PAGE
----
I know most of you already have your seeds and tender annuals in the ground, but I traditionally wait until I'm sure mom nature isn't going to surprise me with a late spring frost that could wipe out my hard work of the past couple months. That happened several years ago -- I started a bunch of seeds, grew them under lights for a couple weeks, set them out and planted on a warm spring day, and on Memorial day, a frost wiped everything out overnight. Both my mom and I were devastated, not to mention the cost to replace everything. We live on the border of zones 5 and 6 and I've learned over the years to plant according to zone 5 because we near always get the weather for zone 5. The Harrisburg area (about 40 miles south of me) is a solid zone 6 and is about two weeks ahead of us in the seasons -- you can see it in the trees each year. They get the leaves before we do, but we get the color in the fall before they do. It's usually about a 5 degree temperature difference every day too. The kids are ready to play in the playyard, but I'm still going to wait until May 18 to plant. By that time I can rely on weather predictions of cold nights until Memorial Day. And what's going in the ground on May 18? Plenty:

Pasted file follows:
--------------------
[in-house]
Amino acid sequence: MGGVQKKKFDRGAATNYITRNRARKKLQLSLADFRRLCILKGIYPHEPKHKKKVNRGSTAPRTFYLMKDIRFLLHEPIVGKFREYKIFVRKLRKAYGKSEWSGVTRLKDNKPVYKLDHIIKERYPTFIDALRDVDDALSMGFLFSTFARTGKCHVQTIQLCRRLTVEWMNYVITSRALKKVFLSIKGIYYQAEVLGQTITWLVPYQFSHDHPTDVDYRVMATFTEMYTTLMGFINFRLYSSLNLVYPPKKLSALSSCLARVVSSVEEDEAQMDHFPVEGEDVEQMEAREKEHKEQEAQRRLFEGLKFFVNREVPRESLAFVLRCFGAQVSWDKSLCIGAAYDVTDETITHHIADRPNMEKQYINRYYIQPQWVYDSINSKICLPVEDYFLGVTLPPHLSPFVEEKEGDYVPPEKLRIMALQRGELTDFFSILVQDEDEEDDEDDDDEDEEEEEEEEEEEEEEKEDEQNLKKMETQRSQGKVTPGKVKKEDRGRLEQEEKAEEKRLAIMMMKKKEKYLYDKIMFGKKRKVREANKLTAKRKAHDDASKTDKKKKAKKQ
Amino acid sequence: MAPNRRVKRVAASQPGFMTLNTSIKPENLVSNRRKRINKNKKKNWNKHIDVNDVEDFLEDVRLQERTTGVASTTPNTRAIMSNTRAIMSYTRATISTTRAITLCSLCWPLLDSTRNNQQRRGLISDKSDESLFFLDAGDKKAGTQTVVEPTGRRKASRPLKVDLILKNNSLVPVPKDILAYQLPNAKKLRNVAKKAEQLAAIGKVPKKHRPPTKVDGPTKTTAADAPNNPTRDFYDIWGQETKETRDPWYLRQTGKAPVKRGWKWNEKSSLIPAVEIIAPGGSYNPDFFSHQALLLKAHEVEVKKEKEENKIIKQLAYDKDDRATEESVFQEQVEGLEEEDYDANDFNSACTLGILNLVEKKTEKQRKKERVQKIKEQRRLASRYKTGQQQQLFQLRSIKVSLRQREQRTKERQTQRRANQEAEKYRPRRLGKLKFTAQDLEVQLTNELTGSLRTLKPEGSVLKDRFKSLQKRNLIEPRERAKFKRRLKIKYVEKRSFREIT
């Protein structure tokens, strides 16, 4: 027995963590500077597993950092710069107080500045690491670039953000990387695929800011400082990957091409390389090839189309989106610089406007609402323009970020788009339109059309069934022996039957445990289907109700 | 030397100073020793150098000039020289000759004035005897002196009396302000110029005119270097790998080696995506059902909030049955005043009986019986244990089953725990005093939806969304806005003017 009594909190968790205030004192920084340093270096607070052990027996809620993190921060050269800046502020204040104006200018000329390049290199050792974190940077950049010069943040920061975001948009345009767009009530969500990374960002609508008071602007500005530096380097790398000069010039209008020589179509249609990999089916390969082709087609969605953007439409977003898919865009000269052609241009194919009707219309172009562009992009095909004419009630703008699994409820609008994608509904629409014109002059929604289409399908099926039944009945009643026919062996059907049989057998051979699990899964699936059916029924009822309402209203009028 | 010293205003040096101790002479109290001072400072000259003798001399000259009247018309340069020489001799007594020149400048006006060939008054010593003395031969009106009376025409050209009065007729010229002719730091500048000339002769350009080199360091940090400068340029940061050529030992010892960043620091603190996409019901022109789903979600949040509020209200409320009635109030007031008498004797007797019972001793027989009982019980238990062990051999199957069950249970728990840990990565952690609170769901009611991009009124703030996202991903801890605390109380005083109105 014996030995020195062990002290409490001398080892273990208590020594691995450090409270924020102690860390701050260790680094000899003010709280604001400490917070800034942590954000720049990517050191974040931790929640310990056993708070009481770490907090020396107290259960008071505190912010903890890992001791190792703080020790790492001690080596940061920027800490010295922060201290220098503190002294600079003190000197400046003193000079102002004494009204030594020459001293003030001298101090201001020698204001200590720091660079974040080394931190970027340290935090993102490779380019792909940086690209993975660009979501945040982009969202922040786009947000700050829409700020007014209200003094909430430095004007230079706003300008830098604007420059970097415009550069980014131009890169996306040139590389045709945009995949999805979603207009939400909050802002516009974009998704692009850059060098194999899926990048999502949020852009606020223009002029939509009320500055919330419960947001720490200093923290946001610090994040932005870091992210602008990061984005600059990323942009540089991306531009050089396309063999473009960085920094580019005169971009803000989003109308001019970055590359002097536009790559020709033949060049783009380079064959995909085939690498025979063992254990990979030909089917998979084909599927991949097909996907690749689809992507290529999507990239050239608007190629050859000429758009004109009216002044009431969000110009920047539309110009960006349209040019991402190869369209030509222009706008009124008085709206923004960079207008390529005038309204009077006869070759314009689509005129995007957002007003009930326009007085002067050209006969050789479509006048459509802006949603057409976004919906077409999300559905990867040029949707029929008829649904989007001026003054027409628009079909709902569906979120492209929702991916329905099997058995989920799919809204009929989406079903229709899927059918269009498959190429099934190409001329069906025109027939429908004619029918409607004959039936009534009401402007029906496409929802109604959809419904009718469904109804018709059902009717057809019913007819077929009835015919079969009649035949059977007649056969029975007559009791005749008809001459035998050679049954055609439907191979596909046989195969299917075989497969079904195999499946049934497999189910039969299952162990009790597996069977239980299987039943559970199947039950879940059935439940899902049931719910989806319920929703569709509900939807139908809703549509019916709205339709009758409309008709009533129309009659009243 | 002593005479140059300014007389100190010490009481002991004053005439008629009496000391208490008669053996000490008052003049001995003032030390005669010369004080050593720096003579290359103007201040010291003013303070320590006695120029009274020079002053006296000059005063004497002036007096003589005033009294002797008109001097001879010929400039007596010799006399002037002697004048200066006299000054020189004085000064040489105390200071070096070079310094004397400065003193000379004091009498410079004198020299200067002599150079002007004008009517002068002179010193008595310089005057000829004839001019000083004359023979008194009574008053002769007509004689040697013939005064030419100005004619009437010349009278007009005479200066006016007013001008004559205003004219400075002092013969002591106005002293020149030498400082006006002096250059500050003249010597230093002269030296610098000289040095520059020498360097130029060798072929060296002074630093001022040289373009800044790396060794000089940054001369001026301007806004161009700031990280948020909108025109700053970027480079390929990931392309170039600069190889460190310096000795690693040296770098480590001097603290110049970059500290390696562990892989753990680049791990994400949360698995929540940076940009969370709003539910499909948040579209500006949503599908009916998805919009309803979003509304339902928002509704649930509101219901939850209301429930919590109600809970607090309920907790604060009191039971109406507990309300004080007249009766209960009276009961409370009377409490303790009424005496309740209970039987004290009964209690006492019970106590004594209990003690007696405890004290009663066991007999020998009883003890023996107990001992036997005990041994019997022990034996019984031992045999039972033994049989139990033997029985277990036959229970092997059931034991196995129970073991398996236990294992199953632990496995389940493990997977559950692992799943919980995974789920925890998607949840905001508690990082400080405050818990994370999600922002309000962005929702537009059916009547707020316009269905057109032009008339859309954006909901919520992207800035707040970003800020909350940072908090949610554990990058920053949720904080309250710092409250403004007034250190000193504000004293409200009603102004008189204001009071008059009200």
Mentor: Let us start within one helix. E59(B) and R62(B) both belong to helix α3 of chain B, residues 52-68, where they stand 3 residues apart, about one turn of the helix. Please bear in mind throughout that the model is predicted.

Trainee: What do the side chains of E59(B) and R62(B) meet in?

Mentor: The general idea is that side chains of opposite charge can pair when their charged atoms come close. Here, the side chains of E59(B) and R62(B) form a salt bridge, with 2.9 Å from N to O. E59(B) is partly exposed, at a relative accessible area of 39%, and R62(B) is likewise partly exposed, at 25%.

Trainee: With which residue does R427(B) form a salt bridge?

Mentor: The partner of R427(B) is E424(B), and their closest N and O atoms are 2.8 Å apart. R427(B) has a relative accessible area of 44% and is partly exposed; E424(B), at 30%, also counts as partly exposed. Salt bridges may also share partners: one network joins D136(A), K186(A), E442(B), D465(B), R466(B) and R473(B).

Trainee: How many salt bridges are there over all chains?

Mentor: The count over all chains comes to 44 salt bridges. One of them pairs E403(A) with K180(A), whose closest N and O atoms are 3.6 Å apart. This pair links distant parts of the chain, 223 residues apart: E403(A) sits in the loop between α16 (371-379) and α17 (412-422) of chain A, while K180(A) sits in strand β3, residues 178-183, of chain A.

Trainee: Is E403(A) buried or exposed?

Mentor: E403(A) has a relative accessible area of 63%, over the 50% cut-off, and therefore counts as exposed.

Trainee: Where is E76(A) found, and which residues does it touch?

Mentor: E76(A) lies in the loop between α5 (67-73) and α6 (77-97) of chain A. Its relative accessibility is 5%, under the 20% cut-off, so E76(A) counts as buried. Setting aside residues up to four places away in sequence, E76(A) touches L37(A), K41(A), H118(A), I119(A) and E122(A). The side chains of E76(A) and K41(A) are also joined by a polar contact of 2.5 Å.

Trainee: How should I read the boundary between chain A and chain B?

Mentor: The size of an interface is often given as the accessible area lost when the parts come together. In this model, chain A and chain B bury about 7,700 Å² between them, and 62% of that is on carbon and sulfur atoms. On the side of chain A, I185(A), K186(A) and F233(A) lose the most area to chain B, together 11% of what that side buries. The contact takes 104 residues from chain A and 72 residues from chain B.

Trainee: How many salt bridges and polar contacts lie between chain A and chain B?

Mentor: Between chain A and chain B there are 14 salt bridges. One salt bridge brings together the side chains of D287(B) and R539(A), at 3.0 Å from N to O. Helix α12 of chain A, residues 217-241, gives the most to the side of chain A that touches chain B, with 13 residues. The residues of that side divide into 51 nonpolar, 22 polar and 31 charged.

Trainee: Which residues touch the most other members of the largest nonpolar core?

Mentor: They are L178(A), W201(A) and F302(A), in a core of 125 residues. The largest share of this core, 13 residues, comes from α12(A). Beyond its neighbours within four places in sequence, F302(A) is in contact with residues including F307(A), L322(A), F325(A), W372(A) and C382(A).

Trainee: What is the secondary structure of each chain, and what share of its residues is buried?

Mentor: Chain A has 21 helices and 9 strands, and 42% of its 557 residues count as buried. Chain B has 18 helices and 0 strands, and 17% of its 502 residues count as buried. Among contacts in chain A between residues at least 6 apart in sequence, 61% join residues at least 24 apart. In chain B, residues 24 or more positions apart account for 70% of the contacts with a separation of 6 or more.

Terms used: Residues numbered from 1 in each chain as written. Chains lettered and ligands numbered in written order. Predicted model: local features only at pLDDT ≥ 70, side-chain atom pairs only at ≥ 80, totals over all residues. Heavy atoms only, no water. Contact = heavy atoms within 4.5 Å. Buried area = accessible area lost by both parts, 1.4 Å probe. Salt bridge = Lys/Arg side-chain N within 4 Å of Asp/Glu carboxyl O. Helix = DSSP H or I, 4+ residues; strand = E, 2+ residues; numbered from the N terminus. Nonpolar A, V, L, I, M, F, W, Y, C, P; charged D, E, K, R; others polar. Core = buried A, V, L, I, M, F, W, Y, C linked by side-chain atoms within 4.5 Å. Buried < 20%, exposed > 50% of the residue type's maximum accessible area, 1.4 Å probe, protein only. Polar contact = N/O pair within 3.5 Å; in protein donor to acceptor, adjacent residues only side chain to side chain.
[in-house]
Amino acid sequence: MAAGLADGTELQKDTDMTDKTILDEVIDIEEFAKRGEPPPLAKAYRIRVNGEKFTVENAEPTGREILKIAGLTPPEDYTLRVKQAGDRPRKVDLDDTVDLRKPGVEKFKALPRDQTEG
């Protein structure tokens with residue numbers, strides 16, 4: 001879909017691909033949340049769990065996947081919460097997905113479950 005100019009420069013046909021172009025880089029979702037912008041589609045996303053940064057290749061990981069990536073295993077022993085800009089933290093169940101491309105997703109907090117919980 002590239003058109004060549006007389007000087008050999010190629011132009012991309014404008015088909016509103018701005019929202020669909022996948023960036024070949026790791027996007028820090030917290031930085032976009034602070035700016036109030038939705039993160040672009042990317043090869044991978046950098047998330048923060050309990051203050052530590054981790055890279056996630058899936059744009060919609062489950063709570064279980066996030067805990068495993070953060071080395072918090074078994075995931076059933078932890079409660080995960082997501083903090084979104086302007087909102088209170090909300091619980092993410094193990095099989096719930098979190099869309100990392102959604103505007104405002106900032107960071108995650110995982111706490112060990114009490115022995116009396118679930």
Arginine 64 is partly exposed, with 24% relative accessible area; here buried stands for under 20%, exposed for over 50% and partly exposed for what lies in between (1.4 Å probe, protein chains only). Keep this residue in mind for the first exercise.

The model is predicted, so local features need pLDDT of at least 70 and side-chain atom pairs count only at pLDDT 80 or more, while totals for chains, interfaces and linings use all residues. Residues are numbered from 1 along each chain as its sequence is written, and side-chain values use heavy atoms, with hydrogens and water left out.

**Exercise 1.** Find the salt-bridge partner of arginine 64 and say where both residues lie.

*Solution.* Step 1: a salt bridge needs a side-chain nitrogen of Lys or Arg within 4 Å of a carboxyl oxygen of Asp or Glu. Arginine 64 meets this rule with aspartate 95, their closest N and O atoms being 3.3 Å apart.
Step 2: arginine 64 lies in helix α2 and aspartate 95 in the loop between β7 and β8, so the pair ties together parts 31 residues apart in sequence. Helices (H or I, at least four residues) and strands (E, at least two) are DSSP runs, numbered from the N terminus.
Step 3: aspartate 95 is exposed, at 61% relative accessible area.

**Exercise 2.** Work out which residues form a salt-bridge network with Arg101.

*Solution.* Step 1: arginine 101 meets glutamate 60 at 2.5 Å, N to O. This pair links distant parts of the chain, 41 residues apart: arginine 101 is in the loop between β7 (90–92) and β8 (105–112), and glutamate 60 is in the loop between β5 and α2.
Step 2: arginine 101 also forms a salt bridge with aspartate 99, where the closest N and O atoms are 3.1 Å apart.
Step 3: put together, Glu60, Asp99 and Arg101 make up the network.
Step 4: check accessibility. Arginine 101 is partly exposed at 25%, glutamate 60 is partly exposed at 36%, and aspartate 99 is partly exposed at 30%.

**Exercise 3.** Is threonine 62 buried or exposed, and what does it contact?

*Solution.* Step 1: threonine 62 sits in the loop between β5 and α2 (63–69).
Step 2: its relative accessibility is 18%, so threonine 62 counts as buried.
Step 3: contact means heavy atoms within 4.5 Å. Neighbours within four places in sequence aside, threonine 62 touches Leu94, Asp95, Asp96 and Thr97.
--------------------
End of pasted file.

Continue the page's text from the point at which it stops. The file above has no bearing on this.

Amish Paste Tomatoes
Early Girl Tomatoes
Nardello Sweet Peppers
Another Sweet Pepper that I can't recall the name
Purple and green basil
and ALL the seeds:
Beans (yellow and green)
Dry beans (black, white, and kidney) (first time planting drying beans)
Quinoa (new this year -- it'll be interesting to see how this turns out)
Zucchini (what's a garden without zucchini?)
And a couple flowers for the bugs and bees: snapdragons, marigolds, dill, zinnias, sunflowers.
I think I'm planting more, but I can't remember without getting the seed box.
I might be busy this summer!